There’s a little, red, brick building on the corner of 60th and Pacific. I’m sure you’ve seen it while waiting at the lights. 1101 S. 60th Street, to be exact. It is known mostly for having a bus stop bench by it–some dental business has advertised a large set of crackly teeth on that bench for some time. Jarring….but eye catching. This Omaha Mystery stands rather discreetly as part of a mostly single family home area in Elmwood. There are some other businesses further south down 60th. It seems like a very long time ago now but when we first moved to Omaha, that little building was home to a gun shop. Arms & Ammo. My father and I would drive there from Benson. This had to be in the early to mid 70’s. I know it existed through the 80’s as well but by then I was too, too cool to be seen with my dad anywhere. Let alone a gun shop. Stupid kid. It seemed like such a long drive to midtown. (Driving around the Elmwood area now, I can’t remember or see where we would have parked dad’s car, other than in a neighborhood side street. Maybe on the north-most side of the building?) Anyway the entrance was on the west side, facing 60th. I seem to remember there being small windows in the front with a security gate or bars on the windows? I don’t think it was painted red back then. I do remember there being some lively characters in that gun shop. Of course, all men. Men standing around talking. I don’t know what they were discussing but we can guess. Kind of like how men congregate at S.G. Roi Tobacconist’s, Dragon’s Lair Comics or at Kanesville Kollectibles’. Different group. Yes, a way different crowd but the same perceived level of camaraderie to a young girl’s mind. I could be wrong but in memory there was a glass counter, like a horseshoe, that went around the store with a the center aisle for customers. It was a fun trip that just my father and I would take. Can’t be sure why he always brought me along but I felt privileged to be allowed to go into that dark, hidden place, filled only with men. Which brings up other memorable moments in our weird but great father-daughter jaunts around town: trips to Louis’ Bar for “dinner” with his drinking buddy and monthly visits to the old barbershop by West Lanes Bowling Alley on 72nd Street.
They say the owner of Arms & Ammo at 60th and Pacific was Jim Sutton. I believe he sold his business to a place out of Fremont. There also appears to be a AAA Arms & Ammo on Grover St in Omaha but I’m not sure if that is related. I left town in the mid 80’s and unfortunately do not remember exactly when the original Arms & Ammo closed down. It seems it was still there in the early 90’s, when I had returned.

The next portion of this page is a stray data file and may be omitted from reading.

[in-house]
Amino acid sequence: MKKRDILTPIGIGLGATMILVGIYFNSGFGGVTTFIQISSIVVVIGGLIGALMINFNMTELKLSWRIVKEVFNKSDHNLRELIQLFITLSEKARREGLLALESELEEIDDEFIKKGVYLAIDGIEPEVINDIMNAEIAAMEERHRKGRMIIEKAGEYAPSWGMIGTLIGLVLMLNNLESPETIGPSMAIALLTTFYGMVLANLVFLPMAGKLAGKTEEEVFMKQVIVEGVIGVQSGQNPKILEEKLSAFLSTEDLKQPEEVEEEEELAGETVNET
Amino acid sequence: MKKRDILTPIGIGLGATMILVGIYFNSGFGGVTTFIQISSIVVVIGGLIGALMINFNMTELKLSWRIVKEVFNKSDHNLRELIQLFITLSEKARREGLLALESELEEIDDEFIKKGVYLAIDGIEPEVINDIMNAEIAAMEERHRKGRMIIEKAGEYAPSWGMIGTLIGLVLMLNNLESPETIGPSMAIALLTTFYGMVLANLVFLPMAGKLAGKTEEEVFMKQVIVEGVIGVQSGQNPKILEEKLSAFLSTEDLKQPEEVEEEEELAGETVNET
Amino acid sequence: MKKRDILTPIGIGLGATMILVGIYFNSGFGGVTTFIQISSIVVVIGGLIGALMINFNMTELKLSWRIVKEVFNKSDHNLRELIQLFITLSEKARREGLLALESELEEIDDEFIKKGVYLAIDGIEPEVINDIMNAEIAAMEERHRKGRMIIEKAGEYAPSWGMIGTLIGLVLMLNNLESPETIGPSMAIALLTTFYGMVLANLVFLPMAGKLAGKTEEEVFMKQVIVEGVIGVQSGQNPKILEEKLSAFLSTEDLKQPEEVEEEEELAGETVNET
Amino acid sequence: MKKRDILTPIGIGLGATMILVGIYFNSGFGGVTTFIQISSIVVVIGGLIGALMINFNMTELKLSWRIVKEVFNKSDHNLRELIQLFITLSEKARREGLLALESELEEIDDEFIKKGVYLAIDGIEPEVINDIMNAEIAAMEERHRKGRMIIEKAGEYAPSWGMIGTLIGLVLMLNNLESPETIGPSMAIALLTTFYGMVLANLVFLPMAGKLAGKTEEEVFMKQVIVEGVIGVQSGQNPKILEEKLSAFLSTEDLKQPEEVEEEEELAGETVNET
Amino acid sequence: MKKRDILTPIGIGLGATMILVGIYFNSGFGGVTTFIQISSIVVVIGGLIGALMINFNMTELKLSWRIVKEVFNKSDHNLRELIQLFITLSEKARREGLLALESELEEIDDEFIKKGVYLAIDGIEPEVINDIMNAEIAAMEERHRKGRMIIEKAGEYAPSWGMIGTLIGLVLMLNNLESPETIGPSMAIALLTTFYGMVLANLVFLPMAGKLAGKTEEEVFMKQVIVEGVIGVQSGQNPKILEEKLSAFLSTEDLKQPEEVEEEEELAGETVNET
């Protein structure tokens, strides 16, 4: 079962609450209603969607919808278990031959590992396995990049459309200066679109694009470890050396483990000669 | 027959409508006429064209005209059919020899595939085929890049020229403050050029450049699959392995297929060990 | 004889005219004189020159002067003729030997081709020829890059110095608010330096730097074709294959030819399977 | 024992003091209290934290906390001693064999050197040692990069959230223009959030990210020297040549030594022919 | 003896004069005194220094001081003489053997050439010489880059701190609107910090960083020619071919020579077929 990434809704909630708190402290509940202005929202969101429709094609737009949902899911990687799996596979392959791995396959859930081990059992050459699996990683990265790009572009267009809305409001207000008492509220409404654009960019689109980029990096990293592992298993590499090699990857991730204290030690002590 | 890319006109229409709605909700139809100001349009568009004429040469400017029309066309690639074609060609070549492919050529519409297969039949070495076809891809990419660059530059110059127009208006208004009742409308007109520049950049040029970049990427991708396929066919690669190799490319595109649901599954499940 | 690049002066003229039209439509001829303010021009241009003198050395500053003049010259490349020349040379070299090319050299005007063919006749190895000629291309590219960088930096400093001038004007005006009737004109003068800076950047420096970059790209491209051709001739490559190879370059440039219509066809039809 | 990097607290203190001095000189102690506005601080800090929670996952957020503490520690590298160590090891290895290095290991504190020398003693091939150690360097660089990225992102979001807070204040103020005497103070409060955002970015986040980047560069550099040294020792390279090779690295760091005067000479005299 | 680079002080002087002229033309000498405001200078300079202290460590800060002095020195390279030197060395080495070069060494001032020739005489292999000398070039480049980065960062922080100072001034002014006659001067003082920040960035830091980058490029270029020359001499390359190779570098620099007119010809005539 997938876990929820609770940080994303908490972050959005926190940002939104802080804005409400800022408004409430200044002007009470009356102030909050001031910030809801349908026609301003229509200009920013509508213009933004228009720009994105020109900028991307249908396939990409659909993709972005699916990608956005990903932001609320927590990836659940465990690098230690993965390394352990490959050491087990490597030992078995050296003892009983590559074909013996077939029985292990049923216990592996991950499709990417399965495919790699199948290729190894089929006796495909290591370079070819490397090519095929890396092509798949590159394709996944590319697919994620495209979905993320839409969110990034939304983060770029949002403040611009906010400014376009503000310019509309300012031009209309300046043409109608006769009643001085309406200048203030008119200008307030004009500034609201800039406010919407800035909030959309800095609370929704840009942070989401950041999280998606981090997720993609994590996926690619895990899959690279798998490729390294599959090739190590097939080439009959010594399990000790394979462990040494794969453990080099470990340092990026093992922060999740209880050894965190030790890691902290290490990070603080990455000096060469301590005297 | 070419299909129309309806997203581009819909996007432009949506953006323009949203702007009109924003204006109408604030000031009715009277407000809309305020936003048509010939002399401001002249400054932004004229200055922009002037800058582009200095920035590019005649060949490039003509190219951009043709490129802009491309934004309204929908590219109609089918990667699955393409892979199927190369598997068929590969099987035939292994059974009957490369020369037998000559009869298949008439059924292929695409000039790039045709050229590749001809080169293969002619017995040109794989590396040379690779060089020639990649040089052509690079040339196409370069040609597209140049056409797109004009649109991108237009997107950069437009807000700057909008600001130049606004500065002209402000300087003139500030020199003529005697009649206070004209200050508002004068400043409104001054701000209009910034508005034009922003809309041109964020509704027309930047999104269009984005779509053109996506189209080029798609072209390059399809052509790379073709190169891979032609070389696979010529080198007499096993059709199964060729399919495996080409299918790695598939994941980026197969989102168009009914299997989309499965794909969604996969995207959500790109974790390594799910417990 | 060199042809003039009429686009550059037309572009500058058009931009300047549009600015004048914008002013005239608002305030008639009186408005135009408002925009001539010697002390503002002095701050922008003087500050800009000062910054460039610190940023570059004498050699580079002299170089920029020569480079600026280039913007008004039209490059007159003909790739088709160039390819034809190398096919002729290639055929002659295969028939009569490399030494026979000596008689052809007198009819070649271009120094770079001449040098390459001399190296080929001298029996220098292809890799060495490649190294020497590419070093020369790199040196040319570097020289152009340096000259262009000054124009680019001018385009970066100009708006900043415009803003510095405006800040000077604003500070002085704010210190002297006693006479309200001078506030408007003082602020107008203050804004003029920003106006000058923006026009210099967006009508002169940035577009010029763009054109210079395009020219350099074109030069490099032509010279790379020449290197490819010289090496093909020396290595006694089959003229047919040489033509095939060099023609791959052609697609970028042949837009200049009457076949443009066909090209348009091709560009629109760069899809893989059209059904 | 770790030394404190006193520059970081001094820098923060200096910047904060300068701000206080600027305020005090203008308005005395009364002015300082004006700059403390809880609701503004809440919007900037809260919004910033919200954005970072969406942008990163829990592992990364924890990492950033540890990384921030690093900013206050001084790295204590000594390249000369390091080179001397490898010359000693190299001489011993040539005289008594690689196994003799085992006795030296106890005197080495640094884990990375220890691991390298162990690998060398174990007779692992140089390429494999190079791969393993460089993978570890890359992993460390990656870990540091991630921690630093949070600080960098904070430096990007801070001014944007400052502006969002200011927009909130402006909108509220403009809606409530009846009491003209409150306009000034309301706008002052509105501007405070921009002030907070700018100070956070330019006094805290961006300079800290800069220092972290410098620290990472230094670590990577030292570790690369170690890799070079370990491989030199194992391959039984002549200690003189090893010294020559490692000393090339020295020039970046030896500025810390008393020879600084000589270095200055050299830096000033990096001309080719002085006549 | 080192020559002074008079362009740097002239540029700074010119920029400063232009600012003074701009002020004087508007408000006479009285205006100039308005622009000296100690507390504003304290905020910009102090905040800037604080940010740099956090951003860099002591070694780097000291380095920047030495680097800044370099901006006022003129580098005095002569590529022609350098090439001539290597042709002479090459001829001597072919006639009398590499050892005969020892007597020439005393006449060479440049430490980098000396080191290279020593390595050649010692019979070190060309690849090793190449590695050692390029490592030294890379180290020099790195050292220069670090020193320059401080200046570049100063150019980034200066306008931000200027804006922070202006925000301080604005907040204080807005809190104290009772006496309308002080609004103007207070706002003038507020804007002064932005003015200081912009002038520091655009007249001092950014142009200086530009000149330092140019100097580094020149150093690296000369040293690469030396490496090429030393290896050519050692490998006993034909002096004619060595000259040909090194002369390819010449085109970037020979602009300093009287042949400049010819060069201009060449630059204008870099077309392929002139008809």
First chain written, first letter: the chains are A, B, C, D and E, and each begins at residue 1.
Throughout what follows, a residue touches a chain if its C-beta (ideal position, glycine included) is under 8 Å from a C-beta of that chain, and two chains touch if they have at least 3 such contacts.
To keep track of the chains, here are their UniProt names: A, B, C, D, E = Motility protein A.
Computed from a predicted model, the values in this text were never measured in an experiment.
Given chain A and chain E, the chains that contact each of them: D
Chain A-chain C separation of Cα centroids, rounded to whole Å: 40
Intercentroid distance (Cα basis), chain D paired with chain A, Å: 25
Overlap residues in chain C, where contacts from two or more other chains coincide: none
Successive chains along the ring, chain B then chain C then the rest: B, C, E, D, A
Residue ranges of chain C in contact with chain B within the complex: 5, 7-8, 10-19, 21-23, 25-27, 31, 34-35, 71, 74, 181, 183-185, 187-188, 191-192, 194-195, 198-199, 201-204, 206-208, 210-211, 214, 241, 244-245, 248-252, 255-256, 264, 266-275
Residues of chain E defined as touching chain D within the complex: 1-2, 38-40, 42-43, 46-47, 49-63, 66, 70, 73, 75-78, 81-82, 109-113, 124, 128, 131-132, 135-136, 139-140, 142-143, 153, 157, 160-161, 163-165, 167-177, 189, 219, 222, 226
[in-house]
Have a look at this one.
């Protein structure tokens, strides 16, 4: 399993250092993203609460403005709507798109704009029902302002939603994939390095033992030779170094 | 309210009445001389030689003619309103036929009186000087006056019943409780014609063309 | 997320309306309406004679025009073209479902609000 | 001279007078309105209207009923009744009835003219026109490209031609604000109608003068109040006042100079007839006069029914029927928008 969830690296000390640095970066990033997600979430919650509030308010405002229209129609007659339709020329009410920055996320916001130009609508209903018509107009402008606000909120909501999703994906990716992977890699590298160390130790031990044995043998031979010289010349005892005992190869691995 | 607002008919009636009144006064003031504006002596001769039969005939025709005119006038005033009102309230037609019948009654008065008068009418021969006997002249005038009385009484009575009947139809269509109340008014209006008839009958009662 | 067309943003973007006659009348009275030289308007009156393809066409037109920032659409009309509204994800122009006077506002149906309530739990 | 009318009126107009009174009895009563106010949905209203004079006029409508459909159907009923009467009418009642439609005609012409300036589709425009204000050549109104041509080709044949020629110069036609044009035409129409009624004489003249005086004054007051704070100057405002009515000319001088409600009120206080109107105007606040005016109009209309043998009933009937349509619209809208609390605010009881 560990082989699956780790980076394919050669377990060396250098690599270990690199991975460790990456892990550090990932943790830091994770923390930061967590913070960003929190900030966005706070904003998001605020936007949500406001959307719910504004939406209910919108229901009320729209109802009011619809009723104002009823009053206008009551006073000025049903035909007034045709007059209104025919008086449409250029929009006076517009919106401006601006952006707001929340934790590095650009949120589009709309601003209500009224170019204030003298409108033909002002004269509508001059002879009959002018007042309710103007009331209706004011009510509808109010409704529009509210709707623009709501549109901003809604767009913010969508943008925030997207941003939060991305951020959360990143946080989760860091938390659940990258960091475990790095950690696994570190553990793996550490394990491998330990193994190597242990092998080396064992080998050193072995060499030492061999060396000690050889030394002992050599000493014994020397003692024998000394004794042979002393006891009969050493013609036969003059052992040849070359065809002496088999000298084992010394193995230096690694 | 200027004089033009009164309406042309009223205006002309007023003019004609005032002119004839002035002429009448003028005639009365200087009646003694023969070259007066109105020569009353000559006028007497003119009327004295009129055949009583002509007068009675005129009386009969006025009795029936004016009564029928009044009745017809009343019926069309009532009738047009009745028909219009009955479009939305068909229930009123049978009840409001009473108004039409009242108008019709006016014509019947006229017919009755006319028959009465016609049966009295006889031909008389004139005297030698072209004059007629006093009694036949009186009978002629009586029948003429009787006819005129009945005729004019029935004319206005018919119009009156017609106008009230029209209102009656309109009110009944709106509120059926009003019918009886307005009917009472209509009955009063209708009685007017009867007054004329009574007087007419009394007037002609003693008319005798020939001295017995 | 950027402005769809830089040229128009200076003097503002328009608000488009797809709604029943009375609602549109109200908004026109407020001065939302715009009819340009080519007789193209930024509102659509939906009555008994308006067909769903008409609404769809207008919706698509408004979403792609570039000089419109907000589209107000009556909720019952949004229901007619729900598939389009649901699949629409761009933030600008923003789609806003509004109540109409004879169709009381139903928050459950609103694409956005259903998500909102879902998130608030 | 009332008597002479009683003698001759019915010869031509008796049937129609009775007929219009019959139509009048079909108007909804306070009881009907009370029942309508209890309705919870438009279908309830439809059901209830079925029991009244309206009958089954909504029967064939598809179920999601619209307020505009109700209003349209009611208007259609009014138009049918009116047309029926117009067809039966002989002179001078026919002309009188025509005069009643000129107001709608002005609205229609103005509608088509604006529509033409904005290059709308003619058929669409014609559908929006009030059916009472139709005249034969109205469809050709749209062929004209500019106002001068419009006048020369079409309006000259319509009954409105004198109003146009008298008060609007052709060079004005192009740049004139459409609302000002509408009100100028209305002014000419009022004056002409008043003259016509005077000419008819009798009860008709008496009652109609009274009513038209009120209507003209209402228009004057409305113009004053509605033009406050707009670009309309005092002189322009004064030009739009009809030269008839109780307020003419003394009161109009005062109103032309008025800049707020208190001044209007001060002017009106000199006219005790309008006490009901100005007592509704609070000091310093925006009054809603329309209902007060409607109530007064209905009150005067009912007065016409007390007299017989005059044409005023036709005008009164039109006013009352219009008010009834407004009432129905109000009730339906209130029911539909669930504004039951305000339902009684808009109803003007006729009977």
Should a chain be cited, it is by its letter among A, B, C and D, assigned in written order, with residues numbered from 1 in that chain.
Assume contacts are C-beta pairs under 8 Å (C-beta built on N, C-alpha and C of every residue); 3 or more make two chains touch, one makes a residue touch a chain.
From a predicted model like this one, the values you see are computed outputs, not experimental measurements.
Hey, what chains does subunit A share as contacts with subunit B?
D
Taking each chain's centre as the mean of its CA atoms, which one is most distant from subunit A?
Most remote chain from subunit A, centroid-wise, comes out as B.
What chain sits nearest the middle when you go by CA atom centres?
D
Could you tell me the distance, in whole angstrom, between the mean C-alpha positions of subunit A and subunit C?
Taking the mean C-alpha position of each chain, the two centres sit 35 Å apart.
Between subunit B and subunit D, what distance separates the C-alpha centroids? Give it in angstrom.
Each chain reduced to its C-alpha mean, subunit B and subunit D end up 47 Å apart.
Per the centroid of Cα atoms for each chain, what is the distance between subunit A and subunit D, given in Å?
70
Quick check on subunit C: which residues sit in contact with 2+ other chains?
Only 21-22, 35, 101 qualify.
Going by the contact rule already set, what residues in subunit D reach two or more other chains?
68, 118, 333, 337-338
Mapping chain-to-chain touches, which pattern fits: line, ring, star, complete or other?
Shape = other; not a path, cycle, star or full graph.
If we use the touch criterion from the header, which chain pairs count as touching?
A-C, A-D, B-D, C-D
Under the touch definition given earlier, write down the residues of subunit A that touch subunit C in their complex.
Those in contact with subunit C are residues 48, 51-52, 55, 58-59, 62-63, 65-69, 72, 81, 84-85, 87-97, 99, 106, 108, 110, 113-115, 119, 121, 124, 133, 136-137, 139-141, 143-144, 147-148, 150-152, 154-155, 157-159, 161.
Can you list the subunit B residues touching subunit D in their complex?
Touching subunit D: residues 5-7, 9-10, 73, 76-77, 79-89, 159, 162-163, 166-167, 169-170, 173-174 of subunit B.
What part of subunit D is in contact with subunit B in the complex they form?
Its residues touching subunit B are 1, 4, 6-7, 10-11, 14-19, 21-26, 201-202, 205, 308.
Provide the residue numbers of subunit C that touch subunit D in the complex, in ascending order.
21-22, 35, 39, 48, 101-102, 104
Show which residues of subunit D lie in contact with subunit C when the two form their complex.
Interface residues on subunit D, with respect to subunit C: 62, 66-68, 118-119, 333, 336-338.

The original building on 60th and Pacific was built in 1920. I would guess it was originally built as a grocery store–the traditional, corner, neighborhood store that we all miss or have heard so much about from our grandparents. It enjoyed another life as home to the Elmwood Grocery Store, owned and run by James and Anna Skryja, in the 1950’s. I’m sure they had the neighborhood credit policy where a child could “sign”for milk or cigarettes–the parents being billed monthly. I can imagine the creaky, wooden floor and the narrow aisles, stocked with pantry items. That neighborhood could use a great corner shop right now.
Just the other day I drove by and noticed there was heat rising from the old Arms & Ammo chimney which got the old wheels turning. A quick online search showed the building was apparently sold in 1997 to a buyer whose address is listed in another town in Nebraska. I have never seen anyone come or go from the mysterious 60th and Pacific address since the business left. I have imagined this to be an incredible home, albeit dark, or a secret clubhouse. The letters have been taken off the building but a shadow font still reads “Arms & Ammo”. The gated doorway suggesting that fabulous things are being protected therein. Who knows? Coincidentally the AAA Arms & Ammo business out on Grover Street was started in 1997.
This article now has a followup. Please see Mysteries of Omaha: Arms & Ammo Part Two.
If you have any memories or knowledge of this building, please, do share them with us…Click on the title of this post to enable comments. Thanks, Omaha friends.